In March 1960, '0011' returned to Sicily for that year's edition of the Gran Premio di Siracusa. Or rather a car bearing the same chassis number. The Dino had been extensively revised with the small tubes of the original 1957 car now replaced with a frame using larger tubes. Wolfgang von Trips was given the assignment to represent the Scuderia at the Gran Premio di Siracusa and performed his duties well. He qualified on the second row, but stayed with the leaders and survived as they dropped out. Innes Ireland in a Lotus 18, Jack Brabham in a Cooper 43, and Moss in a Rob Walker-entered Porsche 718. Near the end, it started to rain and von Trips slowly gained on Moss since the Porsche as now a beast even for someone like Moss. When the Porsche engine dropped a valve, von Trips took the lead and crossed the line for the win.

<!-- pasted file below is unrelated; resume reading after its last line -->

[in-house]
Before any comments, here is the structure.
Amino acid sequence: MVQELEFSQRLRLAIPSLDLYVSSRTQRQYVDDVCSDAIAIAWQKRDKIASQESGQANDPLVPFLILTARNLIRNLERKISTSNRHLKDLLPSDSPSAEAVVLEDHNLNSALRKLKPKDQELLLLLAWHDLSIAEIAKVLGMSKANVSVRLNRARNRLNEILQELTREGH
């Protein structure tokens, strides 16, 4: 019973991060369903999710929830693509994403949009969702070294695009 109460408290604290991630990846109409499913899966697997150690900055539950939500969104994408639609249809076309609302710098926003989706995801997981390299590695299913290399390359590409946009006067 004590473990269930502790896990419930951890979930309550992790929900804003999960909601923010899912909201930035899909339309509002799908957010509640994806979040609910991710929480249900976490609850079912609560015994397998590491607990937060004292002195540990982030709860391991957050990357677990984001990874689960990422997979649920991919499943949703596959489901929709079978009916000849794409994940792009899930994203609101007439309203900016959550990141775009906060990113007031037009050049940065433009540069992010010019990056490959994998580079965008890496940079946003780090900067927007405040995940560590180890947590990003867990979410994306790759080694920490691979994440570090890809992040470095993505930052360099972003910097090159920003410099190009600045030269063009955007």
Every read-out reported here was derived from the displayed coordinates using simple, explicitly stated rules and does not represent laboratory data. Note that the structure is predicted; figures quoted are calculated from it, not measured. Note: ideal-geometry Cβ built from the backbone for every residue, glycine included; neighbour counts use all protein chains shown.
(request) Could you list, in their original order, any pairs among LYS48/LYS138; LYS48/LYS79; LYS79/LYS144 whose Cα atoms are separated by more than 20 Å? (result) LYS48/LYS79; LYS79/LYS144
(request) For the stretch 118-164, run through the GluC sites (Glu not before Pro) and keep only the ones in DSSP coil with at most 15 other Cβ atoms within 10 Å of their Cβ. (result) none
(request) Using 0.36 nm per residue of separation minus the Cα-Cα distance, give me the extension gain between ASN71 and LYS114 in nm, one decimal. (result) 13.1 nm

At Monte Carlo, chassis '0008' in the Dino series appeared. What immediately set it off from its ancestors was the location of the engine: it was in the rear! Richie Ginther managed to get it into the race and finished in sixth place despite a lengthy stop to investigate some loud noises from the transmission.

At the Grosser Preis der Solitude - or Solituderennen as it more commonly known - in July, the new '0011' reappeared as did '0008' which now had a F2 spec engine in the rear of the car. Phil Hill was in the conventional car and von Trips in the new car. The various British machines smoked '0011' and Hill wound up on the fifth row of the grid. However, von Trips put '0008' next to the pole sitter, a young newcomer in a Lotus 18 from Scotland driving for Team Lotus, Jim Clark...